Web 2.0 Supported Education Engagement, Informatio..
Web 2.0 Supported Education Engagement, Information and Advocacy for Disabled Learners
Start date: Dec 1, 2011,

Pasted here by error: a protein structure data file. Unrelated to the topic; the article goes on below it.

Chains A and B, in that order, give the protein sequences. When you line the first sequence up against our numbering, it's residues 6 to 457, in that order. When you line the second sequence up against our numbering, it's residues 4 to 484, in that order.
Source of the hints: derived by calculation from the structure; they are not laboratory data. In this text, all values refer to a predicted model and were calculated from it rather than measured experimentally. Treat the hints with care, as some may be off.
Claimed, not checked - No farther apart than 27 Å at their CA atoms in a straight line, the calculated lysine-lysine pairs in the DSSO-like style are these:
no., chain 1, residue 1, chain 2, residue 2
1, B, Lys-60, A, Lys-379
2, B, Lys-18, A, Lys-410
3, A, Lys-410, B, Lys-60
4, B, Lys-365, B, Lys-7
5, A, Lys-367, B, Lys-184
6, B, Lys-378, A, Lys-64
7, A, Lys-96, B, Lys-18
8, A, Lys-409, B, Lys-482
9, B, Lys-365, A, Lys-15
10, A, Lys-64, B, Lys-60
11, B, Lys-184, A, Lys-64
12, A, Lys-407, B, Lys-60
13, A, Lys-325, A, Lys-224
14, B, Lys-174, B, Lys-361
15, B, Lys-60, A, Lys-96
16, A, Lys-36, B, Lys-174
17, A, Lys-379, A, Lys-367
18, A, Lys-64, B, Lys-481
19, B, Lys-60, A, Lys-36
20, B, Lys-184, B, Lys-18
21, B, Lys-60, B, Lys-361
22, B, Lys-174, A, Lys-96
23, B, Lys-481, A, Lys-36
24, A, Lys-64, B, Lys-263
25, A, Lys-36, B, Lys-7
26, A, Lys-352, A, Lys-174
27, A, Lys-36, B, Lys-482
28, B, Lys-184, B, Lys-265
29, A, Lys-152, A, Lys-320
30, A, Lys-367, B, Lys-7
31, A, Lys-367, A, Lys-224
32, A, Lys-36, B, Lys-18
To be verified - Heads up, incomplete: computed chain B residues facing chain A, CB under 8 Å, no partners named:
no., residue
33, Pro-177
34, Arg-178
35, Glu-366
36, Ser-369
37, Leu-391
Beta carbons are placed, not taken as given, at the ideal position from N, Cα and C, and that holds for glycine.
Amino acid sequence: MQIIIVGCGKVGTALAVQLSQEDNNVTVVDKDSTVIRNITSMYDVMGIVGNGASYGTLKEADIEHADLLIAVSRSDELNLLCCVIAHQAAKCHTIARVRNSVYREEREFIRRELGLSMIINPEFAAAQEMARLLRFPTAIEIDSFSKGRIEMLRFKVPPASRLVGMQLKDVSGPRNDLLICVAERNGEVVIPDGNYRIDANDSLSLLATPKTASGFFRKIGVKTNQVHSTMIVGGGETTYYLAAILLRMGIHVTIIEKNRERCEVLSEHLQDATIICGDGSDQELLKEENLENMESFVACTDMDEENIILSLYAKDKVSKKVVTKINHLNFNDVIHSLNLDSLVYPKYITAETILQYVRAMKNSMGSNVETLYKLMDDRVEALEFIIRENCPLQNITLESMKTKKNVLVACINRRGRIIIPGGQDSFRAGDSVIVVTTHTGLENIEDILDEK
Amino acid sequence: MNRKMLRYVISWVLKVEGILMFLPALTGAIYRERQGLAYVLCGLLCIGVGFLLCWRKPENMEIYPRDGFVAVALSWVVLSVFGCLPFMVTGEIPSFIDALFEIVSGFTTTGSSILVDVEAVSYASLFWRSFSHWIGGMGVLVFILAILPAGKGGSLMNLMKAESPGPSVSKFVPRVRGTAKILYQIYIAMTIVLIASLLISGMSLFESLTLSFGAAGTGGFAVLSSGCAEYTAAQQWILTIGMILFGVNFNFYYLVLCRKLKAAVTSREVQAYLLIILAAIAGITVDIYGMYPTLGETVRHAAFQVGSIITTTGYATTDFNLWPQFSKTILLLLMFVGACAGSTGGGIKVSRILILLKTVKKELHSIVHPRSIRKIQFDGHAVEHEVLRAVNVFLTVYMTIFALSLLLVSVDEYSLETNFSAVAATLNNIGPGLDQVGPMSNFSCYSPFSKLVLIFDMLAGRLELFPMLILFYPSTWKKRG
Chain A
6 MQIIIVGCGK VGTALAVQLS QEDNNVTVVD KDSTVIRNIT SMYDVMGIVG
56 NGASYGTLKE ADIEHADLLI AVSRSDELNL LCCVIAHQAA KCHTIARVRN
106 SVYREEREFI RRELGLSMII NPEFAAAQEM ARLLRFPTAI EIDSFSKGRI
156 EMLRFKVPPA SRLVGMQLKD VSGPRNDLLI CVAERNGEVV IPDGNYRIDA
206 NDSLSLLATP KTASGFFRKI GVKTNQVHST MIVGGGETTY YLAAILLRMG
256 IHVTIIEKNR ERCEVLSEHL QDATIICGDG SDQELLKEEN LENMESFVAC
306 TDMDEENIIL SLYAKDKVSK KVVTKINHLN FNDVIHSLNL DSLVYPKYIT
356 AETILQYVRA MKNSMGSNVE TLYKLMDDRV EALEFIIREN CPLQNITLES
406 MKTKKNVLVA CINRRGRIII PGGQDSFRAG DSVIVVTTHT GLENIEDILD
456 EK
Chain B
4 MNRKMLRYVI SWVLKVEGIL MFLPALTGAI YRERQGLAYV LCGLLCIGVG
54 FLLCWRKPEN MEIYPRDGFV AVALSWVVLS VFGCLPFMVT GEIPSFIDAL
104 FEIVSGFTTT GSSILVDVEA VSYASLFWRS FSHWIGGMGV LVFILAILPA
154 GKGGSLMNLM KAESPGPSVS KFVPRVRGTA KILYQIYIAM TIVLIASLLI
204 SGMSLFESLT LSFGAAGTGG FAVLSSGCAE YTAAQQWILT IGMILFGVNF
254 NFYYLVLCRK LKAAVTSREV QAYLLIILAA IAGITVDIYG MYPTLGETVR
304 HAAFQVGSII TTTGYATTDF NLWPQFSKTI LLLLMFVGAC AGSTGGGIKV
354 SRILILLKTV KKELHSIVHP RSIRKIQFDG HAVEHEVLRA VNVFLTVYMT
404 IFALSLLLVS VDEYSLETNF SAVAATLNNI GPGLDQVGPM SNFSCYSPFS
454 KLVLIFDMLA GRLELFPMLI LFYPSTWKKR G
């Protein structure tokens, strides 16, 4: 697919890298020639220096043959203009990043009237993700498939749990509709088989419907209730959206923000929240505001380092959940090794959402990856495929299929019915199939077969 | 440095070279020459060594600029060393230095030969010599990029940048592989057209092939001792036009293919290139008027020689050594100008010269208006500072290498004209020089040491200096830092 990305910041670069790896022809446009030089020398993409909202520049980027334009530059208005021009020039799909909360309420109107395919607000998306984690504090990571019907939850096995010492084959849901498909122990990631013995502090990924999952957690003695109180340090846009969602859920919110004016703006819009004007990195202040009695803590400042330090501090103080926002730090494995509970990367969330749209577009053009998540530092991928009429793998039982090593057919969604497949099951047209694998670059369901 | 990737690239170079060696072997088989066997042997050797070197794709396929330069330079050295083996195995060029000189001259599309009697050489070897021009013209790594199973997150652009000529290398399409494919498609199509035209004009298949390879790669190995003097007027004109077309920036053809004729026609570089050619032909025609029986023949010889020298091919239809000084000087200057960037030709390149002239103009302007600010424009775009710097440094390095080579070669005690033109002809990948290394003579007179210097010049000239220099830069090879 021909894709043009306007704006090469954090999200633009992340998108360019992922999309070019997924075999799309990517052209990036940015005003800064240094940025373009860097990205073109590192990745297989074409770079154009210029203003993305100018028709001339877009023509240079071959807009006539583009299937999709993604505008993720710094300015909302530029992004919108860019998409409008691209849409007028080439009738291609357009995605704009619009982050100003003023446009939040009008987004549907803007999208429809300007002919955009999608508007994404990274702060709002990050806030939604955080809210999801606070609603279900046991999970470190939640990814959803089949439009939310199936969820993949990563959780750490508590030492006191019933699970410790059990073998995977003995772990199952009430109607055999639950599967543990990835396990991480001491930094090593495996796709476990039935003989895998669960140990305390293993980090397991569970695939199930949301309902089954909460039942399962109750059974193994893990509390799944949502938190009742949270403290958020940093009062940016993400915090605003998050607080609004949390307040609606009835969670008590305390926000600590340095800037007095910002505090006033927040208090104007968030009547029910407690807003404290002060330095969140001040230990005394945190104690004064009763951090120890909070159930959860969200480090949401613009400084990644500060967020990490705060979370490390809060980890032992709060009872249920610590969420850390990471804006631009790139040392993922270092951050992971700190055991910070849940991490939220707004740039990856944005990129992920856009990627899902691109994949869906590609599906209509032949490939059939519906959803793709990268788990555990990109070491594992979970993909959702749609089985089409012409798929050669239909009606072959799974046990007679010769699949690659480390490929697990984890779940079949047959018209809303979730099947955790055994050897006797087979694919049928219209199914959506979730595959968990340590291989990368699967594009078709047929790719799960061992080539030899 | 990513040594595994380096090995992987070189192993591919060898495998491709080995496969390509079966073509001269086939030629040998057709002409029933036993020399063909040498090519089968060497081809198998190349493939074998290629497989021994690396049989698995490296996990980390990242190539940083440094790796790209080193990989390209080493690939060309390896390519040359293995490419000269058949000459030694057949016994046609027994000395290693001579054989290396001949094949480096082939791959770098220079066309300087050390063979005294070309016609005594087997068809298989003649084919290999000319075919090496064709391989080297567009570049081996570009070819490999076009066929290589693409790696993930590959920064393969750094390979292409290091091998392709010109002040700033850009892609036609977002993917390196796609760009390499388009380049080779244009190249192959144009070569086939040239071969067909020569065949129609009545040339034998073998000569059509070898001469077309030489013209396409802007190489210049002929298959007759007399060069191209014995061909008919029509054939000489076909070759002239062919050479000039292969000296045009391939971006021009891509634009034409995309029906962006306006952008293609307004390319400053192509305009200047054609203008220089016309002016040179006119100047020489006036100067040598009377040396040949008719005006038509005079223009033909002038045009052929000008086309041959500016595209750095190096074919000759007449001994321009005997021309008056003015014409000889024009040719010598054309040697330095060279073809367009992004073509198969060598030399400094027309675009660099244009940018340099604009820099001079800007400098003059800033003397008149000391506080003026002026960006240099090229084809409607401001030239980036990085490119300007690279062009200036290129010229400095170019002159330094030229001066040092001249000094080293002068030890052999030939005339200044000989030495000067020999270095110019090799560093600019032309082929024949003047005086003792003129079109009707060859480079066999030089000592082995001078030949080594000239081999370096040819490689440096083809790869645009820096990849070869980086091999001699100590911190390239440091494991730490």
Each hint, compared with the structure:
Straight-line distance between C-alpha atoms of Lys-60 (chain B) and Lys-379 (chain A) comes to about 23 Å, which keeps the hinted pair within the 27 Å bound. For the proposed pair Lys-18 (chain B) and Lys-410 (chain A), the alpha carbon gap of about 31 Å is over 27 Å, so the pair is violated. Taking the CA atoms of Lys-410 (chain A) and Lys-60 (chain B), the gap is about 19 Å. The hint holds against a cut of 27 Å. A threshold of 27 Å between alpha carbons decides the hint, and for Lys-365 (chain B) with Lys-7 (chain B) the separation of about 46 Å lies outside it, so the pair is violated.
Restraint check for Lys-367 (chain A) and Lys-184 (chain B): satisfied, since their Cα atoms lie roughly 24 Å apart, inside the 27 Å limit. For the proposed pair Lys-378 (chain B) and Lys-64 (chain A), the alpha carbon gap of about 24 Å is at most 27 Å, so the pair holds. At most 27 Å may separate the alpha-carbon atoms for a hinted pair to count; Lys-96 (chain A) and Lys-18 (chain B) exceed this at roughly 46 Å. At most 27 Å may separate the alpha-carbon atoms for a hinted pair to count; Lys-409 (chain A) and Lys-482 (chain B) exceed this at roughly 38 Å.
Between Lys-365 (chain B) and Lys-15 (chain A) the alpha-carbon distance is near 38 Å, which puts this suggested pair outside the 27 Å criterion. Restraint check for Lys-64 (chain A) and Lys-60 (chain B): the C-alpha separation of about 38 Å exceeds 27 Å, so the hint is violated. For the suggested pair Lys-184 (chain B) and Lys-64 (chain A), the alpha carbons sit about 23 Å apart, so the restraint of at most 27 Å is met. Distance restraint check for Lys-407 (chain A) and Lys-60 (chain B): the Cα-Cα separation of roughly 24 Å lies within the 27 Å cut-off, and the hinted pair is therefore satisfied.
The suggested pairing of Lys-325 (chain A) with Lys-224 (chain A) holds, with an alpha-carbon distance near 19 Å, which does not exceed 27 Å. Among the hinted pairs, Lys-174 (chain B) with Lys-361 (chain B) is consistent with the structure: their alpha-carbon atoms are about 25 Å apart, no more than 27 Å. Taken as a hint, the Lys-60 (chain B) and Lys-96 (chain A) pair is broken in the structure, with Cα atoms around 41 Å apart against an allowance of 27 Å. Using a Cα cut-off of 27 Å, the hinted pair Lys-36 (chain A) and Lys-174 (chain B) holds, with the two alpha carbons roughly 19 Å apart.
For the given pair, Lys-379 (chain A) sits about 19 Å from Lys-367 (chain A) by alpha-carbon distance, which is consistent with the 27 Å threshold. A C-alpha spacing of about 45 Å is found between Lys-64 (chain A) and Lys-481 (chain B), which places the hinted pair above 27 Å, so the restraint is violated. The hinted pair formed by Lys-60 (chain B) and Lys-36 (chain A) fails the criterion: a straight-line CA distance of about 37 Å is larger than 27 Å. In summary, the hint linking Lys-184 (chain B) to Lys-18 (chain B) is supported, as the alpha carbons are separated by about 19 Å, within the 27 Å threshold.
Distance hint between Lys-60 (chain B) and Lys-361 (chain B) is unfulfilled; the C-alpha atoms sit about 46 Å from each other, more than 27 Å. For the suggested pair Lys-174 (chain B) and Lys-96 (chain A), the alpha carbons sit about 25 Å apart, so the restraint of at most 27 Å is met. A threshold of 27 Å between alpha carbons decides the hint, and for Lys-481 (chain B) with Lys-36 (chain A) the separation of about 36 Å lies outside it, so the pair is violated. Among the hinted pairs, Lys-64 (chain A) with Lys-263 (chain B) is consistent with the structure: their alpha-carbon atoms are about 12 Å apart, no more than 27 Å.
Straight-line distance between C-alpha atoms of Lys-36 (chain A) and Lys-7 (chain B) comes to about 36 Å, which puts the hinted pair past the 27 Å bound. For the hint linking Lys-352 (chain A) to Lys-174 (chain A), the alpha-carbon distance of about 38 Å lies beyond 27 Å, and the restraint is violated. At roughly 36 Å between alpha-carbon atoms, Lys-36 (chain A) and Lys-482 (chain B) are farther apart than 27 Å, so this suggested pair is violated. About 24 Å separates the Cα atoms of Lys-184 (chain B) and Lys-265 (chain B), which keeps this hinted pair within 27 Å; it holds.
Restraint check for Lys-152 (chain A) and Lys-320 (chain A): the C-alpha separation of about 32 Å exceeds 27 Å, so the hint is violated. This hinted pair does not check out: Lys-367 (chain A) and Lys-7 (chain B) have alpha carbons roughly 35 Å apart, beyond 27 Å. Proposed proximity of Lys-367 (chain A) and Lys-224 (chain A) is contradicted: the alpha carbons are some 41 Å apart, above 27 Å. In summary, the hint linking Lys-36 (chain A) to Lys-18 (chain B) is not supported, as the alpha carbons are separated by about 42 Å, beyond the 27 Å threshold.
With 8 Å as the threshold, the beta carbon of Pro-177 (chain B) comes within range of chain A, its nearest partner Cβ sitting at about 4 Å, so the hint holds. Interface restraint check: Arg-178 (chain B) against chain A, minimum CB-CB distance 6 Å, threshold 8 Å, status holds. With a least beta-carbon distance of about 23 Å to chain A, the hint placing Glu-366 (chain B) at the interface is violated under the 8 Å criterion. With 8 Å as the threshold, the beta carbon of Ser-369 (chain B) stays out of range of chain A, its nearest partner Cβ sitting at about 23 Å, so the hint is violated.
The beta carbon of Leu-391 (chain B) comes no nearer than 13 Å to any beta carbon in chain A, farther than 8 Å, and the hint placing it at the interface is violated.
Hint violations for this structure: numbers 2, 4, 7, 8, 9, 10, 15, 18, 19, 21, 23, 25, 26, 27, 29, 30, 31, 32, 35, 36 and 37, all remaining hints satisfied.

The European Disability Strategy 2010-20 states that about 80 million people in the EU live with mild to severe disability with a 70% higher than average poverty rate. This project is motivated by the explosive growth of internet and social computing applications (collectively known as 'Web 2.0') which offer many new horizons and opportunities for learners with disabilities although their potential is still to be fully realised by the education and disability sectors. This project aims to contribute to developments in this field through its use of Web 2.0 to create a Virtual Hub, a set of accessible tools to enable people with physical and intellectual disabilities access real-time information and advice about learning and training opportunities available to enable then to bridge many of the barriers they face in participating fully in education and the labour market. People with physical and intellectual disabilities have a wide range of differing needs which can only be met by an equally wide range of provision, personalised to a particular individual. Even in small geographic areas individual learners can face a bewildering array of choices and learning providers are not always aware of what others are providing – this means duplication of effort in some cases and gaps in provision in others. Current paper and web-based directories are frequently outdated even before they are published. In the project’s Virtual Hub, learning providers will be given access to the website to update for themselves in real time and will use microblogging sites such as Twitter to provide immediate and detailed information about new developments. At the same time, volunteer digital advocates, drawn from disabled learners themselves will provide their own comments and reviews of learning services and provide mentorship for the use of digital media and the project to other disabled learners in their local community.
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